Damage to Tendons and Ligaments

Tendons and ligaments are the connective tissue that attach muscle to bone. They are made of cartilage and have a limited ability to stretch. When over-stretched, these tissues tear. Most often tears are tiny (so-called micro-tears) and don’t result in any noticeable pain or constriction of movement. Unfortunately, if not permitted sufficient time to heal, micro-tears can result in the formation of calcium deposits in the connective tissue. These deposits are inflexible and can cause inflammation as the soft tissue around the deposits rubs against the hard calcium. Over time this can result in significant pain and loss of flexibility.

Careful stretching when warm is one method of maintaining suppleness while avoiding over-stressing connective tissue. So-called ballistic stretches which use the body’s momentum to complete the movement (for example, the classic “touching the fingers to the opposite toes”) are most likely to result in micro-tears of cartilage and ligament, especially when done prior to warming up through gentle exercise.

Over-stressing the ligaments can also cause catastrophic tearing, as occurs when a skier accidentally plants the front of a ski and the leg is carried forward by momentum. This can tear the anterior cruciate ligament (ACL) and complete recovery from such an injury is unlikely. Similarly, severing the Achilles tendon connecting the heel to the lower calf muscle is also an injury from which complete recovery is rare. This is because, once torn, the reconnected tissue contains significant areas of non-elastic tissue and material (for example, calcium deposits) and so the effect is like cutting a spring in half and then re-joining it with concrete in the middle.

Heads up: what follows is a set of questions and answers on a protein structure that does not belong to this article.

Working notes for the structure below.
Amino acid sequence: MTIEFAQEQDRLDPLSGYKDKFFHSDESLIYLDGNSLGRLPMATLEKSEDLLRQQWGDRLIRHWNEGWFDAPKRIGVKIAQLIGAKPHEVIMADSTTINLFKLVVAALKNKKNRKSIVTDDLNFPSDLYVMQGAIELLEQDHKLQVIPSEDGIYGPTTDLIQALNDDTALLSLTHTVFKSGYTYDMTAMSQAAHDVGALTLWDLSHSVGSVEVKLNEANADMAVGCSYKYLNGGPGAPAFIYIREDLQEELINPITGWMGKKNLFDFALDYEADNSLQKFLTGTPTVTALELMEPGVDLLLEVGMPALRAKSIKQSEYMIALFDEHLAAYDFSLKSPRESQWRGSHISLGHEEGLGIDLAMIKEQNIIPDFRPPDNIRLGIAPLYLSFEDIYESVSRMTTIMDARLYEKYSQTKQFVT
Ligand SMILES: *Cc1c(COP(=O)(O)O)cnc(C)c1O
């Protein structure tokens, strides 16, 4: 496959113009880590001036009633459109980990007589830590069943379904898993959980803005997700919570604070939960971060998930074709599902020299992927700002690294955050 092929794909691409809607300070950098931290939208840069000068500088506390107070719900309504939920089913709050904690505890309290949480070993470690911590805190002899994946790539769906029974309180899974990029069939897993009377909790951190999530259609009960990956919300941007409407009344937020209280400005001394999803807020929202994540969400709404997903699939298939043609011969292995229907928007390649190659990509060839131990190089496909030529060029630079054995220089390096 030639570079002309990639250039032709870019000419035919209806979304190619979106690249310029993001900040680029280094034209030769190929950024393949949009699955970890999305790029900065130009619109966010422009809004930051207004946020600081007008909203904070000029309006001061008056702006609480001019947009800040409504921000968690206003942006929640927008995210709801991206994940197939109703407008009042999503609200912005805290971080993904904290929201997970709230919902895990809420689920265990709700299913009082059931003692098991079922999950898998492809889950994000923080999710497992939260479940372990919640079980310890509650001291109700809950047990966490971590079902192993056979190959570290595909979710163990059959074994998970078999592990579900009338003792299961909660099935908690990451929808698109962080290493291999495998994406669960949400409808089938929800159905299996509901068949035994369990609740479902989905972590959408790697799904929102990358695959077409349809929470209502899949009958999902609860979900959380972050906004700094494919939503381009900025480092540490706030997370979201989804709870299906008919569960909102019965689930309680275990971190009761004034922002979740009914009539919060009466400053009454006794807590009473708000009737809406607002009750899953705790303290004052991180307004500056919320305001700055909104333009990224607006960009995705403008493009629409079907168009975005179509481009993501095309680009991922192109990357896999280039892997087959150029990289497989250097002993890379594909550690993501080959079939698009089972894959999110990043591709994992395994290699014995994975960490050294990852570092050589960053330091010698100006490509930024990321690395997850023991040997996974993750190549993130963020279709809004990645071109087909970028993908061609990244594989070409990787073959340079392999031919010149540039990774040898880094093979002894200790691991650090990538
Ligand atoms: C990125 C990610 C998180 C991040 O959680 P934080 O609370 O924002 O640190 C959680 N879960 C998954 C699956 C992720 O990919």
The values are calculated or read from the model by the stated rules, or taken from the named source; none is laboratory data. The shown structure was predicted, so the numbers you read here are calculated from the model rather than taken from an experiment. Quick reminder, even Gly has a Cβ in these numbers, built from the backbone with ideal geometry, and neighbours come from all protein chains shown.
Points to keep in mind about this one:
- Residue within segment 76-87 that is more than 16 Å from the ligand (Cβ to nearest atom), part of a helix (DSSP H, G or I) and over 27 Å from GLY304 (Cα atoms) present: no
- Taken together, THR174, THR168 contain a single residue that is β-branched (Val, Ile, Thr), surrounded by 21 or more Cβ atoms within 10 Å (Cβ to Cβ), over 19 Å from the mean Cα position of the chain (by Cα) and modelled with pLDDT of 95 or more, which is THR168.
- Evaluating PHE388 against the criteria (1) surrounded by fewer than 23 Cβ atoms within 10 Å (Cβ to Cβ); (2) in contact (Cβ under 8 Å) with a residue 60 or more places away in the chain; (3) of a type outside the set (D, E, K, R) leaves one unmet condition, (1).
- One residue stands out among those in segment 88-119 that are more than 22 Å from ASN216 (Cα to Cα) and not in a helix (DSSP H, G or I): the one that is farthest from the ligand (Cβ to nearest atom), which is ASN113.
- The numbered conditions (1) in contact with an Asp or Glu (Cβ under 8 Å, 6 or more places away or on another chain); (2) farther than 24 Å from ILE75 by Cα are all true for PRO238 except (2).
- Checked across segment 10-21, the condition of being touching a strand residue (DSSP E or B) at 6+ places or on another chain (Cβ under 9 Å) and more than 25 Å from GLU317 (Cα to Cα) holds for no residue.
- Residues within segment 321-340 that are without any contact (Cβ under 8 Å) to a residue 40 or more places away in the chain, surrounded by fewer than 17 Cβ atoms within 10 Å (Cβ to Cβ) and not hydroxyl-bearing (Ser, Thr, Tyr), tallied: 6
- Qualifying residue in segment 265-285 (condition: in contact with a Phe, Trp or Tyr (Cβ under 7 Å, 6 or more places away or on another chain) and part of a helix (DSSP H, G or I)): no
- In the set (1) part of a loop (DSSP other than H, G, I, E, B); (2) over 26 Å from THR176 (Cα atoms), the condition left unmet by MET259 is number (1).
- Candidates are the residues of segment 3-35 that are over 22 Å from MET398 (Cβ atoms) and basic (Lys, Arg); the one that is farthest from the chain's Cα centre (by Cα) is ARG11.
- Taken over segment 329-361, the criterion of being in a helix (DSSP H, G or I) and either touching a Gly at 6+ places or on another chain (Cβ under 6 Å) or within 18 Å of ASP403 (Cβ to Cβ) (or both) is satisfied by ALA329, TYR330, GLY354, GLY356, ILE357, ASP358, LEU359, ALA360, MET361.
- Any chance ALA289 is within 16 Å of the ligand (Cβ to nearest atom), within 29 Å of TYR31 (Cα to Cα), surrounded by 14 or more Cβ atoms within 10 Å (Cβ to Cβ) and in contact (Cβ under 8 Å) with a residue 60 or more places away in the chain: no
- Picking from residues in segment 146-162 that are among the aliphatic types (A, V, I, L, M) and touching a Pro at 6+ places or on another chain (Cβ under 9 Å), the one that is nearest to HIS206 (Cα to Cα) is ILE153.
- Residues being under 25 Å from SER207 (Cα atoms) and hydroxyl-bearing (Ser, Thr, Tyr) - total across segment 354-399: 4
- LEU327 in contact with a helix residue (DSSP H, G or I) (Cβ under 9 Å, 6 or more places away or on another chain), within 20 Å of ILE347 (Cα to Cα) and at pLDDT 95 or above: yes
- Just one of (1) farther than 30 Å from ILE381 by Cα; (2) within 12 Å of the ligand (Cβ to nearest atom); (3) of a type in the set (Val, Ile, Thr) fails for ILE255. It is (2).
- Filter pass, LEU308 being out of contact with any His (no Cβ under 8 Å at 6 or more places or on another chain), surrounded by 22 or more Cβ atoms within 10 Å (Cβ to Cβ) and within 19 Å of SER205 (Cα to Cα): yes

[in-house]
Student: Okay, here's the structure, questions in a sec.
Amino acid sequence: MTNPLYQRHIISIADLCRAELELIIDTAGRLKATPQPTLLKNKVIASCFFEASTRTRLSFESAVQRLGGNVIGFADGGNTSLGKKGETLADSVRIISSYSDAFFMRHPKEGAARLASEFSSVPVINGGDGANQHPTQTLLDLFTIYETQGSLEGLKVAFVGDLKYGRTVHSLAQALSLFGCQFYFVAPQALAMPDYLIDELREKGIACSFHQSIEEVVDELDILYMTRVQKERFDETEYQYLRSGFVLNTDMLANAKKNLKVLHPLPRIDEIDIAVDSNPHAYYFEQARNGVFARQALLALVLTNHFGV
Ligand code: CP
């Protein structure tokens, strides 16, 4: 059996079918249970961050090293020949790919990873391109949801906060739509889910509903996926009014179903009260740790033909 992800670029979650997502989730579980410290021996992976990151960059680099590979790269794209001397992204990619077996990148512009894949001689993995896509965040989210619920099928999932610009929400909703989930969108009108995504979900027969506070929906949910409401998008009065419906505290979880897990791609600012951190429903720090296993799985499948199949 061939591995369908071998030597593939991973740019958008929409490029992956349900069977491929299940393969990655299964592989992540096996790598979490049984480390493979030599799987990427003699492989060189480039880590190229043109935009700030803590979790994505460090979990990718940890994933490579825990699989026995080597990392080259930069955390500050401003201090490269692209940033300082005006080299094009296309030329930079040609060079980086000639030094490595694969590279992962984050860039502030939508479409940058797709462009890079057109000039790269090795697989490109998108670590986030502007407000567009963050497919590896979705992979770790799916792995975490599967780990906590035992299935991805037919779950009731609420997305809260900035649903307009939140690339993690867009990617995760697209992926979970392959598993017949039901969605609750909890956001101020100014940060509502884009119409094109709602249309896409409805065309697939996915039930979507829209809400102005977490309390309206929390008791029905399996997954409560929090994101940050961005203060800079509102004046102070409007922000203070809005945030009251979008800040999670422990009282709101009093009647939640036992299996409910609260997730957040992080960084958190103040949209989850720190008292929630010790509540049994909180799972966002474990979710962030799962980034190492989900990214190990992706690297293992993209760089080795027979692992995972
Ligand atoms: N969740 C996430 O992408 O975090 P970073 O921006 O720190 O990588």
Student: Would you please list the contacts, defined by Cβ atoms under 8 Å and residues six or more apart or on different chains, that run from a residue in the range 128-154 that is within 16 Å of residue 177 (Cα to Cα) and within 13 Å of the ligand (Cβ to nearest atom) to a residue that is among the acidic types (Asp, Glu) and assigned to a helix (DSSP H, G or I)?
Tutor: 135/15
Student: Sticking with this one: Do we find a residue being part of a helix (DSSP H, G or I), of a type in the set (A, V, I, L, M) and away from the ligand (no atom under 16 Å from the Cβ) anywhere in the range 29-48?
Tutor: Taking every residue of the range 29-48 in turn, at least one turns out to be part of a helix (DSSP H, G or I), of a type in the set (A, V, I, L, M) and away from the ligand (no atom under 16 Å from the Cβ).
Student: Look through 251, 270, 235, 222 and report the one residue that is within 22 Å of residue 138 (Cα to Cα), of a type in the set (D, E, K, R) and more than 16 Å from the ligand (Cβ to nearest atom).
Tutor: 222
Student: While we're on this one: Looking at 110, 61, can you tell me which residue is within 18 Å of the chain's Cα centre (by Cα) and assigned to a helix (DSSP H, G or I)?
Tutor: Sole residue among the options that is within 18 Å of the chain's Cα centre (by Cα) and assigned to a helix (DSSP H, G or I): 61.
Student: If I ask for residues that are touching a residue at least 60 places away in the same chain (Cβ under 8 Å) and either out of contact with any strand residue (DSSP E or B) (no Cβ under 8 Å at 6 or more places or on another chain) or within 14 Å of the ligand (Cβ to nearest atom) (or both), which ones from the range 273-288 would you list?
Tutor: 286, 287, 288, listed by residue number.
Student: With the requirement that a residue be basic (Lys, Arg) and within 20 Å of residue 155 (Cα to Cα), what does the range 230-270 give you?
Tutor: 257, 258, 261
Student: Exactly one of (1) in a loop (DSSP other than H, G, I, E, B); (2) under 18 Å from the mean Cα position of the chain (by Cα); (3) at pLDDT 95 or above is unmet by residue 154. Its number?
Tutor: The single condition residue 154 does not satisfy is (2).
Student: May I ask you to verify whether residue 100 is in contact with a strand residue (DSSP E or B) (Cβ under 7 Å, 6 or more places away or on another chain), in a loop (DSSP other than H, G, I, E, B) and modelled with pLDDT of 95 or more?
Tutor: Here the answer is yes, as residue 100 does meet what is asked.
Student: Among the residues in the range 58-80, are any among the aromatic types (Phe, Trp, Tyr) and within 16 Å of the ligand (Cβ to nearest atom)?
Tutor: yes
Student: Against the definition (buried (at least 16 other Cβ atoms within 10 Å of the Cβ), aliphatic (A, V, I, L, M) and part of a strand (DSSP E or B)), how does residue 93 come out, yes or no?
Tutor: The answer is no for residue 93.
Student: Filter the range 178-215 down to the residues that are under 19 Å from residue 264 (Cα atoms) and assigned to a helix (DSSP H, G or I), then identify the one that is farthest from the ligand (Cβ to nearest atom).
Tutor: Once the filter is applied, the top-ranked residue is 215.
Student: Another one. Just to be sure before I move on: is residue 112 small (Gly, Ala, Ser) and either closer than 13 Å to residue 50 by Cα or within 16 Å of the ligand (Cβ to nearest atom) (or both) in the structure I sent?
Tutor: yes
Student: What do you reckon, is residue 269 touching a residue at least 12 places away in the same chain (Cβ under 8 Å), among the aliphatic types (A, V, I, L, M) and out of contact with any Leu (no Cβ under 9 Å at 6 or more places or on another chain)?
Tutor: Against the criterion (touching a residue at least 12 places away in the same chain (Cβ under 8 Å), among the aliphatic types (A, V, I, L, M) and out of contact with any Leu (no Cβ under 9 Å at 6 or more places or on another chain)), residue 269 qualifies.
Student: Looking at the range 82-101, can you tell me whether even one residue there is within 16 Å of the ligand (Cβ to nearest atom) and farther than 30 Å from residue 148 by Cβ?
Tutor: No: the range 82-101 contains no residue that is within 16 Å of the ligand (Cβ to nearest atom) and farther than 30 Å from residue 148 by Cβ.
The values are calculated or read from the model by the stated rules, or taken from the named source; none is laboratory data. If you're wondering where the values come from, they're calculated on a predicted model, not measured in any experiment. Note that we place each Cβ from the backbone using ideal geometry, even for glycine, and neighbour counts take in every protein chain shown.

Although our tendons and ligaments naturally lose elasticity with age, it is possible to compensate to some degree by means of dietary supplements. Although the precise mechanism is not properly understood, evidence suggests that glucosamine sulphate and chondroitin sulphate can over time permit connective tissue to retain more of its elasticity than would normally be the case. Empirical data suggests that about half the population is responsive to glucosamine while the other half is responsive to chondroitin. The choice, therefore, is to take supplements containing both compounds, or to experiment in order to determine which works best for any given individual. Approximately three months of dietary supplementation are required before noticeable benefits accrue, and therefore patience is required when making such a test. The results, however, can be significant and many people from their thirties onwards rely on such dietary supplements as part of their overall health maintenance regime.

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